“I looked at myself and said what do I need? I need to lead my life, to spend my time like I always have.”

Force even had a team meeting, where he pointed out to his staffers that it’s far too early in the season to worry about such a slow start.

Among the examples Force cited:

* In 2014, Matt Hagan was 10th leaving Epping (after 11 races), yet he went on to win the championship – defeating Force in the final race of the season.

* In 2013, Force was 12th leaving Atlanta (after 7 races), was 10th after leaving Englishtown (after 9 races), and then went on to win the championship.

* In 2009, Hight was never higher than 10th in the standings from St. Louis to the U.S. Nationals in Indianapolis, only to rally in the six-race Countdown to the Championship to win the Funny Car championship. In addition, Hight also lost the first 18 races of that season with two DNQs and seven first round losses, yet still won the title.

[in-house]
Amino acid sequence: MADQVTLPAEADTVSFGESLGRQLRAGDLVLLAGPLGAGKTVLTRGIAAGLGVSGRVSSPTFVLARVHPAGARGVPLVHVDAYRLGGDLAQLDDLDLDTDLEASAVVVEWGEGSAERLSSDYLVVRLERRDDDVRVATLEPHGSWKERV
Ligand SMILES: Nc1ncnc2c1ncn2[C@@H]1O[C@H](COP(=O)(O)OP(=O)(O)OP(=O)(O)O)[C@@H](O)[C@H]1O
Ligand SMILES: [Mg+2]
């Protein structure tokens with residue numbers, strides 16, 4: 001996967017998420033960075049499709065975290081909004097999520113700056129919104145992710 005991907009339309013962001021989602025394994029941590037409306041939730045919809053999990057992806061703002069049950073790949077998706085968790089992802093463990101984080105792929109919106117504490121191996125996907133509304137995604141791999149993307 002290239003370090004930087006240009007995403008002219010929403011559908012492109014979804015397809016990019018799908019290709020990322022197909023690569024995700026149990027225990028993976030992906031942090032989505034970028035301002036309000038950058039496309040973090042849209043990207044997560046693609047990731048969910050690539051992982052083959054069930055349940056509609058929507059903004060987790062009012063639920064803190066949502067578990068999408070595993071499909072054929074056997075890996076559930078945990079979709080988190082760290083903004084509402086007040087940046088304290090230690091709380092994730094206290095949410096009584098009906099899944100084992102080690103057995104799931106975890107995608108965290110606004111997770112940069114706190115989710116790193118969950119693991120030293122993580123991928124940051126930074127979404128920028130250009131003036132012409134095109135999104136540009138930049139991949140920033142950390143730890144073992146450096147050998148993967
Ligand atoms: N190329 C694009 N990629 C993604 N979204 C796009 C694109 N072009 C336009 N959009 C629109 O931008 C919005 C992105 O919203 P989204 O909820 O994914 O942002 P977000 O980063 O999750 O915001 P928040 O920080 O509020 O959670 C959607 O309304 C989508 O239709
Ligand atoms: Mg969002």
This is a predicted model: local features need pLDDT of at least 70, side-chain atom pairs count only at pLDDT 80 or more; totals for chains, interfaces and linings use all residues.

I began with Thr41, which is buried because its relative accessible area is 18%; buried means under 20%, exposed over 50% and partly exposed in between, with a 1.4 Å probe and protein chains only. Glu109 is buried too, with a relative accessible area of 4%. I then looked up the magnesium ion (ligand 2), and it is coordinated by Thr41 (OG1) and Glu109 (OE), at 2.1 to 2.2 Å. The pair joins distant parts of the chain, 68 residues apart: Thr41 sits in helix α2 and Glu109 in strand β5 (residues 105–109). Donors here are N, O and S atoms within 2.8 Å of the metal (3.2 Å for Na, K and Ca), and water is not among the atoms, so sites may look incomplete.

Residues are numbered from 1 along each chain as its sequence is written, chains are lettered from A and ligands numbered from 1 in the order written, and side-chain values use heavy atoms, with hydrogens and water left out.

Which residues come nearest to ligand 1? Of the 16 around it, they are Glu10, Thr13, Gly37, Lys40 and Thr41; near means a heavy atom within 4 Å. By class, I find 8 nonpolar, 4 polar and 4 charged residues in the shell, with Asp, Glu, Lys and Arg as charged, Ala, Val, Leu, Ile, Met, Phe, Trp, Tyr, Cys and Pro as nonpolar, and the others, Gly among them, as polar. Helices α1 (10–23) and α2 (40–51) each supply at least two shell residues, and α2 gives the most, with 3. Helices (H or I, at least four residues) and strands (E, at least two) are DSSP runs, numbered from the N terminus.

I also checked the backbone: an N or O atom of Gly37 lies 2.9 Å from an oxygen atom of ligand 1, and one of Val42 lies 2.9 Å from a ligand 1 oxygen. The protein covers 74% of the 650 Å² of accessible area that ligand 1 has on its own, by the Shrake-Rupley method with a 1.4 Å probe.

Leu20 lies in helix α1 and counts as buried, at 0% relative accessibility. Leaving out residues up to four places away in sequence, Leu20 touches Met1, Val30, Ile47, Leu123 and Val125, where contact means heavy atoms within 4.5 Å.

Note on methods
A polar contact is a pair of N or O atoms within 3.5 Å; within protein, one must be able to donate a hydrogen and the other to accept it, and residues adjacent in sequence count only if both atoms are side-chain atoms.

Force has spent so much time on the road over the last three-plus decades that his new look, feel and experience in 2015 is allowing him to get to know his family all over again.

“I’ve run for so long that you almost don’t know your family,” Force said. “I’m trying to get to know my wife once again. I never understood, I never listened. I’m trying to get to know my kids. I know how much I love the sport. I just came off a family vacation to Maui and my wife said, ‘I haven’t seen you smile since we left.’ And when we got on the plane to come back, she could see I changed.”